When it comes to getting a good workout, people look for two things: the most bang for their buck and the most entertainment. While the former can be estimated by calorie burn and intensity, the latter is highly subjective. Some people enjoy putting on their headphones and getting into their own groove on the treadmill, while others want to be in a group and groove to the pumping Latin beats of a Zumba class. Both are viable ways to get a good cardiovascular workout, but beyond that they are about as similar as apples and oranges.
People of most fitness levels can use a treadmill. You can walk, jog, run and sprint on a treadmill, you can adjust the incline and you can work out for a short or long period of time depending on your goal. Wherever you are fitness-wise, a treadmill has something to offer you.
Zumba classes may or may not be suitable for people of all fitness levels. Anyone can keep up with an entry level class with a slower pace and limited footwork, but more advanced classes can be too much for beginners. Classes are typically an hour in length, which can be a lot for someone just starting out.
Both treadmill workouts and most Zumba classes involve impact. Running and sprinting on a treadmill will put more stress on your joints, and some of the moves in Zumba involve jumping or stomping, which can be equally high impact. Walking on a treadmill is pretty low impact, so if you have joint problems it may be more suitable for you. Zumba moves can sometimes be modified to be lower impact.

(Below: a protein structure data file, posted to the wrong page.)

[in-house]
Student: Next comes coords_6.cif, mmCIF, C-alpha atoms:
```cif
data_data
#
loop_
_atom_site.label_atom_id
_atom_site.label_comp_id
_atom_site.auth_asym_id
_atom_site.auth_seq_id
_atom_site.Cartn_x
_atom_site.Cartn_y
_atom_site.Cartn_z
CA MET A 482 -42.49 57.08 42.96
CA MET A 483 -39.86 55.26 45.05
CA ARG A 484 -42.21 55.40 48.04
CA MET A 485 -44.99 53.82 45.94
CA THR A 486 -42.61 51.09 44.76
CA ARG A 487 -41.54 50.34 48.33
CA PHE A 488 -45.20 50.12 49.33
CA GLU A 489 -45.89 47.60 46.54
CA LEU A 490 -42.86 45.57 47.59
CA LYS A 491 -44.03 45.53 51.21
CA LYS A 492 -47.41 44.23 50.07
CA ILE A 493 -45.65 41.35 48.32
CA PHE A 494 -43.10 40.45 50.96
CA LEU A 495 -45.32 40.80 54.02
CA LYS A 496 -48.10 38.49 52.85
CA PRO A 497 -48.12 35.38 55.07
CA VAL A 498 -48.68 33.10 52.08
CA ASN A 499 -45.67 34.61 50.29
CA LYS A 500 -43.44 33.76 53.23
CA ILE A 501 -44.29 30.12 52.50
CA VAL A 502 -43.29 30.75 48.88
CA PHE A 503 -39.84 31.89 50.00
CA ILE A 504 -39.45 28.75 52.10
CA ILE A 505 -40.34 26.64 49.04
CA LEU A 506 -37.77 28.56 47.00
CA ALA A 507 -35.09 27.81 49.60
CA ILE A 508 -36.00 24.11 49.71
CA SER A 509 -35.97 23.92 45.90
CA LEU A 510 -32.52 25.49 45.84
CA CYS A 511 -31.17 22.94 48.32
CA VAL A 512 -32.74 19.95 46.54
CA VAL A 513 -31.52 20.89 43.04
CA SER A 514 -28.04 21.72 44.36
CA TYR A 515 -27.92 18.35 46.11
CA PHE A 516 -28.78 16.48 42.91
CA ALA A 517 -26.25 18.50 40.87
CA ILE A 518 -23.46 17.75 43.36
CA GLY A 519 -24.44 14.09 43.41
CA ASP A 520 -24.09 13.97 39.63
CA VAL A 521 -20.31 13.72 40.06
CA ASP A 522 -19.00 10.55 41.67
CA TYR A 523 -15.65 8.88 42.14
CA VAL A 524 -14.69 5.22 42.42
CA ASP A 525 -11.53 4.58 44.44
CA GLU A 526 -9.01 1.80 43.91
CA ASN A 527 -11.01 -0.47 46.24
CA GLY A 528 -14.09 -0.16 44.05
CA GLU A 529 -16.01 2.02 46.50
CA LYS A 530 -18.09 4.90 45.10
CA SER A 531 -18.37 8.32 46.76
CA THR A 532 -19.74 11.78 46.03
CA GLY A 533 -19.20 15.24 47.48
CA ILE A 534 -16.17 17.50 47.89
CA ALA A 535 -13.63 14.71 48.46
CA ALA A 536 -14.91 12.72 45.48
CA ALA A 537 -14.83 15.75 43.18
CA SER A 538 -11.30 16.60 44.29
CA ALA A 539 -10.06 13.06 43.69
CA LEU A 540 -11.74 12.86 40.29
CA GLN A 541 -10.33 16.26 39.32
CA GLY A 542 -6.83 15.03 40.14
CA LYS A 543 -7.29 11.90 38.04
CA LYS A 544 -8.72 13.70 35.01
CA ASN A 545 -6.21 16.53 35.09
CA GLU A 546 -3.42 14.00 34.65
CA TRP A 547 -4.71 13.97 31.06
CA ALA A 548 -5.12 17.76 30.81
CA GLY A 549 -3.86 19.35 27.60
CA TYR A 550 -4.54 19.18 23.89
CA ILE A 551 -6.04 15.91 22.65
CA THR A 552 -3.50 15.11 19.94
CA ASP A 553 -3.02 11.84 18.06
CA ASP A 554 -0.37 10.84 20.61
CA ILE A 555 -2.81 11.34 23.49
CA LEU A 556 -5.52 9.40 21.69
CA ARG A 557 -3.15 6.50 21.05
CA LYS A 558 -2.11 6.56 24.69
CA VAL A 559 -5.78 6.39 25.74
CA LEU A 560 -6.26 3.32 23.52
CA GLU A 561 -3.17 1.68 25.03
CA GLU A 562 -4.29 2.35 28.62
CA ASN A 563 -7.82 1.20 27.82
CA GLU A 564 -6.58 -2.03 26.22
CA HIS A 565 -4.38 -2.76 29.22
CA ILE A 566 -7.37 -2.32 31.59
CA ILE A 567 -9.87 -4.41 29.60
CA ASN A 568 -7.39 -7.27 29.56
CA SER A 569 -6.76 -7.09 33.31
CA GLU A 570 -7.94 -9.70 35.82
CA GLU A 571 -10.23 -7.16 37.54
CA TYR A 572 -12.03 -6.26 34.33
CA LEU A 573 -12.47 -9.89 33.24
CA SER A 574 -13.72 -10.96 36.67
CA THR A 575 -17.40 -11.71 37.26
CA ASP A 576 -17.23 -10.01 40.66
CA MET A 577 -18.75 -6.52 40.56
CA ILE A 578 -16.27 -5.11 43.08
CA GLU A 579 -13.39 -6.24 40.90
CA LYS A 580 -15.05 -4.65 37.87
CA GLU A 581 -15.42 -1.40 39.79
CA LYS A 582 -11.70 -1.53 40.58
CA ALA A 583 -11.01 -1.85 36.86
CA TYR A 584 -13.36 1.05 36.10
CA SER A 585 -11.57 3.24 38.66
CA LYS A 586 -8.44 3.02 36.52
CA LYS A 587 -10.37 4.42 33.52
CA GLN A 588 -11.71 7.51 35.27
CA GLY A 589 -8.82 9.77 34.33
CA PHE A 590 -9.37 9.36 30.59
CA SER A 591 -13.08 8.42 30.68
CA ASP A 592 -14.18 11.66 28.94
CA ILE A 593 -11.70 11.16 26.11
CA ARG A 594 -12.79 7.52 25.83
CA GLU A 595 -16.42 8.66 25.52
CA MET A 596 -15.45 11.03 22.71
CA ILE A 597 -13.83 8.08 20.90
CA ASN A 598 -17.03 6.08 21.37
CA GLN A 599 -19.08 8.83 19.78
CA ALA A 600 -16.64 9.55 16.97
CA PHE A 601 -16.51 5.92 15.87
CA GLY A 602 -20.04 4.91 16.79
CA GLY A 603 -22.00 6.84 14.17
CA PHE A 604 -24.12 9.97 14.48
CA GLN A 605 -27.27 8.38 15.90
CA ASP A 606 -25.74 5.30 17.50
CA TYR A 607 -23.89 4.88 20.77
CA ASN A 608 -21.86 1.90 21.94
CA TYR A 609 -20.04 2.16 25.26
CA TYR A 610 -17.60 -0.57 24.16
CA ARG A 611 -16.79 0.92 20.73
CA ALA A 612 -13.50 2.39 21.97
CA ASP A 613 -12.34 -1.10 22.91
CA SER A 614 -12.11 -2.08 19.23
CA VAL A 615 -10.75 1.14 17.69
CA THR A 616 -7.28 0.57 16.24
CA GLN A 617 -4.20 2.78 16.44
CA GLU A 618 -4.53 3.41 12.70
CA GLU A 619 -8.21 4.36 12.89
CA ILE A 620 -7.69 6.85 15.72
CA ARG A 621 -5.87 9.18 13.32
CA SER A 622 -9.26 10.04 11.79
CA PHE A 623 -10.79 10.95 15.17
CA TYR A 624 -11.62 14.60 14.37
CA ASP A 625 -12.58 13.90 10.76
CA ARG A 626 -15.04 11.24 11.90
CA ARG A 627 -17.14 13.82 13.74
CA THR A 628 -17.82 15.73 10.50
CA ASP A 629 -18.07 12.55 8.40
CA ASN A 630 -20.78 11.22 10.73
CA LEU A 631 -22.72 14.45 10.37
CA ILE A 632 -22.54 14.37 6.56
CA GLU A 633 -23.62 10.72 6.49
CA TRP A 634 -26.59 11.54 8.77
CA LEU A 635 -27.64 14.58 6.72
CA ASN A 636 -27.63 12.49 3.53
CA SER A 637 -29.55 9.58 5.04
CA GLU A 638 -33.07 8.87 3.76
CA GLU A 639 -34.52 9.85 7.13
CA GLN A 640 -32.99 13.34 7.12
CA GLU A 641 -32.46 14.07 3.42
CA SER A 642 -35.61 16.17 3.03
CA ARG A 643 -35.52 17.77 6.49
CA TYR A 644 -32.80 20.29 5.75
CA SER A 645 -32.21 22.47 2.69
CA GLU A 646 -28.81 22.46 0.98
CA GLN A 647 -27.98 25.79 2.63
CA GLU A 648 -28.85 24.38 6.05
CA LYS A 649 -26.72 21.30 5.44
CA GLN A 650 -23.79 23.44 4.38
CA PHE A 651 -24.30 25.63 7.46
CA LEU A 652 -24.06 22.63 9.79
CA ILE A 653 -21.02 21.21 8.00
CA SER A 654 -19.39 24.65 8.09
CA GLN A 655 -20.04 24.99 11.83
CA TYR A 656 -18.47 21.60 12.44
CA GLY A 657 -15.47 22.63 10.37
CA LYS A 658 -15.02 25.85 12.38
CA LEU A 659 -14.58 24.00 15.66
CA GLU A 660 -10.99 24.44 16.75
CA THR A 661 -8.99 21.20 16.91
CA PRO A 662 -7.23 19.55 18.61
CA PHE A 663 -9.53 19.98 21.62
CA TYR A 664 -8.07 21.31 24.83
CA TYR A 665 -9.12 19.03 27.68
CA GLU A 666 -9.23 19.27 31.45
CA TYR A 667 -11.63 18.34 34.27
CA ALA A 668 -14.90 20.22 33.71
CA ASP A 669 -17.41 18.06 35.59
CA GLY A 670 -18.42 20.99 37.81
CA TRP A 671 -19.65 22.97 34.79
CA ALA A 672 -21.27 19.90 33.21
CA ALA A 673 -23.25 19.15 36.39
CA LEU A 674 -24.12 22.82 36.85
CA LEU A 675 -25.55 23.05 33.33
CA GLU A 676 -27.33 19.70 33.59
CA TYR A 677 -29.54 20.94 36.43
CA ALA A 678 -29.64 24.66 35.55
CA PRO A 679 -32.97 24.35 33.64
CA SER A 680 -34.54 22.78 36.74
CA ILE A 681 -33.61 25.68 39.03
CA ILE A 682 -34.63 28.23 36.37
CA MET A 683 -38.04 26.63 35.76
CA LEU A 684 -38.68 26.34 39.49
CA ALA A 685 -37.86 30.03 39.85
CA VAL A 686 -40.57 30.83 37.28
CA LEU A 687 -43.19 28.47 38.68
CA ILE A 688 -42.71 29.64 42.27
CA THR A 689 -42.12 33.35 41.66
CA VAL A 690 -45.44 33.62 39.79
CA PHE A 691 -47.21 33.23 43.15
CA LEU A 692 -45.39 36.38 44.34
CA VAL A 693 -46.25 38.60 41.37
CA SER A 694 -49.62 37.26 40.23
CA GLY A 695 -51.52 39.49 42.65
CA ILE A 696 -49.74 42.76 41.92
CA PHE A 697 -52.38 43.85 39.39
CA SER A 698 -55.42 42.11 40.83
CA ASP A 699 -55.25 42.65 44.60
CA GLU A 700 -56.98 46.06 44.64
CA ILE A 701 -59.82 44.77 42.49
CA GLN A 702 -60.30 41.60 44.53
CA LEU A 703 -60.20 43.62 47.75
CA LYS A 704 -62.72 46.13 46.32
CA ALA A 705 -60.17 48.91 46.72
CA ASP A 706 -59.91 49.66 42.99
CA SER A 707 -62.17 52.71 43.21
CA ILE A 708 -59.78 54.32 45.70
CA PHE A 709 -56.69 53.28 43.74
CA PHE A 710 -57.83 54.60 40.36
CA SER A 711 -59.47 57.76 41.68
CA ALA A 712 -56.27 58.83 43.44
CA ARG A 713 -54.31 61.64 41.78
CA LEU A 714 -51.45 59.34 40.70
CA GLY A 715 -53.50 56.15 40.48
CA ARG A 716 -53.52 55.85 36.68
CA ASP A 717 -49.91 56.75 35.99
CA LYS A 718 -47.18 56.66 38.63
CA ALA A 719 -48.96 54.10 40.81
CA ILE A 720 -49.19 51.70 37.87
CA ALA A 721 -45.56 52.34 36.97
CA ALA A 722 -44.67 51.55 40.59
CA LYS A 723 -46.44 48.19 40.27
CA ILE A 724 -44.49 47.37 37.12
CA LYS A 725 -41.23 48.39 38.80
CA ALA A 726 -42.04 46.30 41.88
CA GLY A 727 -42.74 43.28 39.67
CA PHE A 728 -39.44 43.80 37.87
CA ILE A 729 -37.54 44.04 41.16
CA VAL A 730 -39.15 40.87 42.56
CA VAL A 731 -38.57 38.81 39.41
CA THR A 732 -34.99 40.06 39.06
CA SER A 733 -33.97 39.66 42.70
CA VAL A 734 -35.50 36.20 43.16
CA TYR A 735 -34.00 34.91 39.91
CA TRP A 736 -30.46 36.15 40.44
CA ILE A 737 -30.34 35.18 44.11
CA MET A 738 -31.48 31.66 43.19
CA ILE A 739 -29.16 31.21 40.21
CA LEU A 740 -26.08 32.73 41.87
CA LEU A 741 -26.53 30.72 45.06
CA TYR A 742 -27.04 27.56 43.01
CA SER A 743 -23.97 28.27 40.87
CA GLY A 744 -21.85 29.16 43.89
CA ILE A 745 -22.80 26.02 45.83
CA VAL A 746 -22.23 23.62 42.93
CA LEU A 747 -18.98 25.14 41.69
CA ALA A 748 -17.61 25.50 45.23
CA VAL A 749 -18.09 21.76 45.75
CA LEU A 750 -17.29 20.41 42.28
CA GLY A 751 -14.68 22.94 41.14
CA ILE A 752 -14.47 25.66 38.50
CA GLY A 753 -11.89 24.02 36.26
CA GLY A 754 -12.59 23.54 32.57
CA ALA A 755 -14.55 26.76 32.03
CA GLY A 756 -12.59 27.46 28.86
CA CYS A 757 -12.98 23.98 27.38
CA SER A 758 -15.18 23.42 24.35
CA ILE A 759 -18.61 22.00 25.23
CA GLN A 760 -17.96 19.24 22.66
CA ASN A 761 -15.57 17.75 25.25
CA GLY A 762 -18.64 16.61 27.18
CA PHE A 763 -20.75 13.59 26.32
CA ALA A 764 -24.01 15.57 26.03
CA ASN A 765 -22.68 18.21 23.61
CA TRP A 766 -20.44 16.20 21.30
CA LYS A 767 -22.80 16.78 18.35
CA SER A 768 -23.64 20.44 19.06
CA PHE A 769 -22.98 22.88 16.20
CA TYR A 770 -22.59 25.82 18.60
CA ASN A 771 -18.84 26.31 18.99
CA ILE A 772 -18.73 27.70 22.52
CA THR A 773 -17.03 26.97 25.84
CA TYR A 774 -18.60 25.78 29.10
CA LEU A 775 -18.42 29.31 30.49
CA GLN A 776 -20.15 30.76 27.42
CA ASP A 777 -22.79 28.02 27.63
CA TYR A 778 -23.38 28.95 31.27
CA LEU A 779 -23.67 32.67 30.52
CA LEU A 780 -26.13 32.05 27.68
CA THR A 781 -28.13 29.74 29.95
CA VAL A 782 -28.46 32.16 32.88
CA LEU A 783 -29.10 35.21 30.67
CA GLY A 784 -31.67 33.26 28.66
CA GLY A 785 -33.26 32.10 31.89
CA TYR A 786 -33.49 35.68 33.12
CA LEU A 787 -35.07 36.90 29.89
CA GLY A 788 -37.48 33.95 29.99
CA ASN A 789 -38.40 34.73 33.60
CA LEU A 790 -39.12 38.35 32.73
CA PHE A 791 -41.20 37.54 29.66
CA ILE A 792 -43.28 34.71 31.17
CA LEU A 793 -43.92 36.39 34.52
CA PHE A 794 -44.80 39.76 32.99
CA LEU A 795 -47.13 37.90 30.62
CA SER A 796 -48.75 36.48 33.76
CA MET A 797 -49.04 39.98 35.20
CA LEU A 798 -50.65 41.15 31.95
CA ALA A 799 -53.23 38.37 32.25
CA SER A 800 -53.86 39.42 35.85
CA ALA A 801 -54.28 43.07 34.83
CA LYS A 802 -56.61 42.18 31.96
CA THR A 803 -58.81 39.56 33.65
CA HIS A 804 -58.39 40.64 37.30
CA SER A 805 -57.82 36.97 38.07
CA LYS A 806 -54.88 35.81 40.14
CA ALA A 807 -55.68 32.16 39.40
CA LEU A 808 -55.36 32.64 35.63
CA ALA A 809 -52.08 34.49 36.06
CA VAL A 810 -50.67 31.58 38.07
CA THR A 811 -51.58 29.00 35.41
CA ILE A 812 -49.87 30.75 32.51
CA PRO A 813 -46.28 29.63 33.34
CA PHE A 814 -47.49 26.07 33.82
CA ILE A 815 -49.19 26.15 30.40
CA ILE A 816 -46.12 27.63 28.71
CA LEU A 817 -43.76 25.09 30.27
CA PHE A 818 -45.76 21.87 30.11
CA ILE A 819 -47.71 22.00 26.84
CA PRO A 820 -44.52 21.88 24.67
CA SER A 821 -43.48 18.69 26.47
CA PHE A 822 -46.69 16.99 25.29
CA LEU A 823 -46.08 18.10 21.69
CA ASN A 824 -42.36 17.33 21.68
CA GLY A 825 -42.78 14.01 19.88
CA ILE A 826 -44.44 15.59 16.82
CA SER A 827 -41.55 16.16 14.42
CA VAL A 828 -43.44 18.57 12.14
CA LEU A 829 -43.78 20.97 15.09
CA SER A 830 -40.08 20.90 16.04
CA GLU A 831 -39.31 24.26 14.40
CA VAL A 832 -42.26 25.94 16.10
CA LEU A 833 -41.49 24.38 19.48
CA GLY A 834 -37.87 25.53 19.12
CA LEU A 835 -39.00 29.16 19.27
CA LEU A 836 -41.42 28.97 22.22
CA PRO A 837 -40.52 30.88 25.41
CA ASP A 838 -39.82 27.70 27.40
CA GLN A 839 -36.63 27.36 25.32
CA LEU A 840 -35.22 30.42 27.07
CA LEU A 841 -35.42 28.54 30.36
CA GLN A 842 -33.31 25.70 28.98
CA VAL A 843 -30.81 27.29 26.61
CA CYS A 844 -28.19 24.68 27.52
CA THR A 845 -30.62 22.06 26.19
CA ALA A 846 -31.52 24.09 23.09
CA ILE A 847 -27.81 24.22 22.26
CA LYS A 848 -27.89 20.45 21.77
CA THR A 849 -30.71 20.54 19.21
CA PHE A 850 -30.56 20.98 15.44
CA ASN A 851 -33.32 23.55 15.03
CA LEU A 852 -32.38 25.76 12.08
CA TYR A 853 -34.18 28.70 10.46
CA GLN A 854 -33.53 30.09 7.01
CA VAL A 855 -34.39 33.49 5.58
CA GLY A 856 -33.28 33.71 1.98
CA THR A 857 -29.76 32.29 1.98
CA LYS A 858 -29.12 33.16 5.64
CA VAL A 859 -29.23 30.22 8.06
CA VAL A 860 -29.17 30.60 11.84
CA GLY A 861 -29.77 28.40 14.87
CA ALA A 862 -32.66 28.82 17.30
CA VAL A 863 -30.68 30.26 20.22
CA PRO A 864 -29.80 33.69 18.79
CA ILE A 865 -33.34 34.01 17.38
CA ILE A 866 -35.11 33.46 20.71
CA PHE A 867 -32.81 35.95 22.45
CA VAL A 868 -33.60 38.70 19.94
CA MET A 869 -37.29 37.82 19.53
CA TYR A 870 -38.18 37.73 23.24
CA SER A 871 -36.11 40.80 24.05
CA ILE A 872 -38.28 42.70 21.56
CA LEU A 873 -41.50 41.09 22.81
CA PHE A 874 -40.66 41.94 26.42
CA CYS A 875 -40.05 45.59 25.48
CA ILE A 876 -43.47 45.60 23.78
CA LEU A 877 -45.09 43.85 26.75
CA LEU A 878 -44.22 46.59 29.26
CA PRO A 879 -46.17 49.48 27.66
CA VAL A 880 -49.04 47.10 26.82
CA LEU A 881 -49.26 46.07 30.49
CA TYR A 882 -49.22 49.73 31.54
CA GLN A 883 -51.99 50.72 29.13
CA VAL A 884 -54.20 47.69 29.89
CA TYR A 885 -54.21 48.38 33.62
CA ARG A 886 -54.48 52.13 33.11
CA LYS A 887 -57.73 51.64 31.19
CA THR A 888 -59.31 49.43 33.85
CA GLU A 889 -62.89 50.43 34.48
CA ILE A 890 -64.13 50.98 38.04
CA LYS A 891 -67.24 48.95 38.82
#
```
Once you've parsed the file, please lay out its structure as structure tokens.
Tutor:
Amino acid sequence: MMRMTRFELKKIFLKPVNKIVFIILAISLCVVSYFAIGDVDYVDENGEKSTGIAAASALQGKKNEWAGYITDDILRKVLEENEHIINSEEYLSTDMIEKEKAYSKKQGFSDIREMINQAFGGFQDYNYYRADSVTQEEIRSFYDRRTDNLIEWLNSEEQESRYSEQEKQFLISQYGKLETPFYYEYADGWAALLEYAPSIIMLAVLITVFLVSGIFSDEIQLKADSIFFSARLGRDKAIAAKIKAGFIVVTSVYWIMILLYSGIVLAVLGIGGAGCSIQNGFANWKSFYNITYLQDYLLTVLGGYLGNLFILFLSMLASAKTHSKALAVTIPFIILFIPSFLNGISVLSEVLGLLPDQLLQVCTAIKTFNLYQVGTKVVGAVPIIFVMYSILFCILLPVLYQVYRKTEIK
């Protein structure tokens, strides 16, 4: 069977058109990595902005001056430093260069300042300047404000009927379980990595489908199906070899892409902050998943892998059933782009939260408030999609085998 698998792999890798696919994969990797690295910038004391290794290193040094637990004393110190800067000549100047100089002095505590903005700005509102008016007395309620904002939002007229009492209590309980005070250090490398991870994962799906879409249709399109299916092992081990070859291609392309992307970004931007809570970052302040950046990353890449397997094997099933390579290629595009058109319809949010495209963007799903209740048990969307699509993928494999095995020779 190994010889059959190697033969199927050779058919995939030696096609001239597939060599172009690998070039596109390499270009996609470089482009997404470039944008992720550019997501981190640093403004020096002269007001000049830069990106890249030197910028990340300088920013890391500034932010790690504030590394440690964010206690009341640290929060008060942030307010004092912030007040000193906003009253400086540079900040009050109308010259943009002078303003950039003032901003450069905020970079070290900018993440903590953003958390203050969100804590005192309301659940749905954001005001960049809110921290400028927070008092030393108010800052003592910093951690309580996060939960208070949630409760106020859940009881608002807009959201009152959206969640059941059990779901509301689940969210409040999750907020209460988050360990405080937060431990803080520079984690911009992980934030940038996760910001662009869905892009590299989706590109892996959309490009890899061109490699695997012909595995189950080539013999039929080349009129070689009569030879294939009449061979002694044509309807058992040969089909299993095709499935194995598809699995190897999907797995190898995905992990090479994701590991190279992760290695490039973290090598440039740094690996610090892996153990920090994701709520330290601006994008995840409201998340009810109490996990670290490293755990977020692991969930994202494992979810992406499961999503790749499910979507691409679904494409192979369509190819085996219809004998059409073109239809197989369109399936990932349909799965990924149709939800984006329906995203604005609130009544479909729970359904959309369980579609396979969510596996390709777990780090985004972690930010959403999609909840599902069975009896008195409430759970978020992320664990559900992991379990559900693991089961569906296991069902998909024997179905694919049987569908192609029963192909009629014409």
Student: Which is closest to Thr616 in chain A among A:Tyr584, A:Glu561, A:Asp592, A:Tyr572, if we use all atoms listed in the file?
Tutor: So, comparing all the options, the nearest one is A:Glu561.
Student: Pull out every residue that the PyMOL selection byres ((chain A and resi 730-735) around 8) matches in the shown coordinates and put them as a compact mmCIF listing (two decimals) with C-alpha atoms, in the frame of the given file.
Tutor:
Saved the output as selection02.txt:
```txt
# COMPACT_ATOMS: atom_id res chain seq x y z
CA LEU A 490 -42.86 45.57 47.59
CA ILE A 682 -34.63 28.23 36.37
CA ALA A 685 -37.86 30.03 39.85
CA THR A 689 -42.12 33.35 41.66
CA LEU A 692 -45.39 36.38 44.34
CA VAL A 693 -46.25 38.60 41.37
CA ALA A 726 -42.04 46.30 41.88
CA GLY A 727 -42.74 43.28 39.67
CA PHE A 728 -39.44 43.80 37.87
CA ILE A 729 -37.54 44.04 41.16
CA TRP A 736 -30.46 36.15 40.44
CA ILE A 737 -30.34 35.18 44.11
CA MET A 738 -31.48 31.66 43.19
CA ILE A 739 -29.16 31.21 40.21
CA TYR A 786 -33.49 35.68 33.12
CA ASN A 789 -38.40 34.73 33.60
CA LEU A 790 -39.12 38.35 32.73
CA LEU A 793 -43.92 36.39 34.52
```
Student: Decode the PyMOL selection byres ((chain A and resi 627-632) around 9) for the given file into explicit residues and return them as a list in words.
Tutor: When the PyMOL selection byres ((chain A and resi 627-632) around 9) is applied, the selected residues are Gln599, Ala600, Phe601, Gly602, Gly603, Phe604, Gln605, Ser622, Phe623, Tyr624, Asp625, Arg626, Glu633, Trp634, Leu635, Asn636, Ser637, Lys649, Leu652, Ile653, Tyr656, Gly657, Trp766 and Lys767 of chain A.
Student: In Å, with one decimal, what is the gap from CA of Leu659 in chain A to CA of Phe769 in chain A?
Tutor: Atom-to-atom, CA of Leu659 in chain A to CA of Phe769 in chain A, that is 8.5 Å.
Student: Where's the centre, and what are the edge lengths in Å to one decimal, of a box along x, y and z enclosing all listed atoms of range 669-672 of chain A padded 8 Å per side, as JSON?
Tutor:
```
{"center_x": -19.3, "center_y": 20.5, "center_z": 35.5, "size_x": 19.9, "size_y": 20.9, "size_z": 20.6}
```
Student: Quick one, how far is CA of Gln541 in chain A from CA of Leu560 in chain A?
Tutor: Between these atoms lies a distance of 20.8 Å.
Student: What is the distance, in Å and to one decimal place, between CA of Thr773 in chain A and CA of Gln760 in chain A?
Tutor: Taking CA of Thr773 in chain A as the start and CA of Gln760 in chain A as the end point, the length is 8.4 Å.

Variety in your workout routine keeps things interesting. For many people, doing the same thing day in and day out is a recipe for burnout. There's not a lot of variety to be had on a treadmill. Sure, you can adjust your pace and incline, you can do intervals or hill repeats, but you're still on the treadmill inside the four walls of your gym.
Still, some people enjoy that. They just want to put on their music or watch their shows while they burn off some calories and stress. It's purely subjective.
But for variety, Zumba really can't be beat. If you live in a major city, you can find all kinds of Zumba classes, from the original Zumba to Aqua Zumba, Zumba Toning, Zumba Step and more. Each of these varieties offers different benefits, and all burn different amounts of calories per session.
Most gyms have at least one treadmill for members' use. During your gym's busy hours in the mornings and evenings, you may have to wait to get on a treadmill, which can be a hassle. Treadmills are also available for purchase for home gyms. Some models are affordable, while others are extravagant, depending on the brand and features of the machine.
Zumba classes are usually done in a gym or studio setting. Depending on where you live, you may or may not have access to Zumba classes, or at least not very many. In major cities, the offerings are more numerous, but you still have to find a class that fits your schedule, sign up for the class and get to the class on time. You can also do Zumba at home using a DVD or video game system, which can make it more convenient.
Calorie burn is highly variable and depends on many factors, including your fitness level, weight and even genetics. Estimates for calories burned walking range from 240 to 444 per hour, depending on your weight, according to Harvard Health Publications. Running burns more calories, from 480 at a slower pace to over 800 at a quick clip. Doing sprint intervals can burn even more.
Zumba is also a good calorie-burner as far as aerobics classes go. In a study by the American Council on Exercise, healthy females between the ages of 18 and 22 burned an average of 9.5 calories per minute doing Zumba. According to researchers, Zumba is a better calorie burner than other aerobics classes including step aerobics and cardio kickboxing.
Ultimately, how many calories you burn on a treadmill or in a Zumba class depends on how hard you work. The more effort you put in, the more calories you'll kiss goodbye.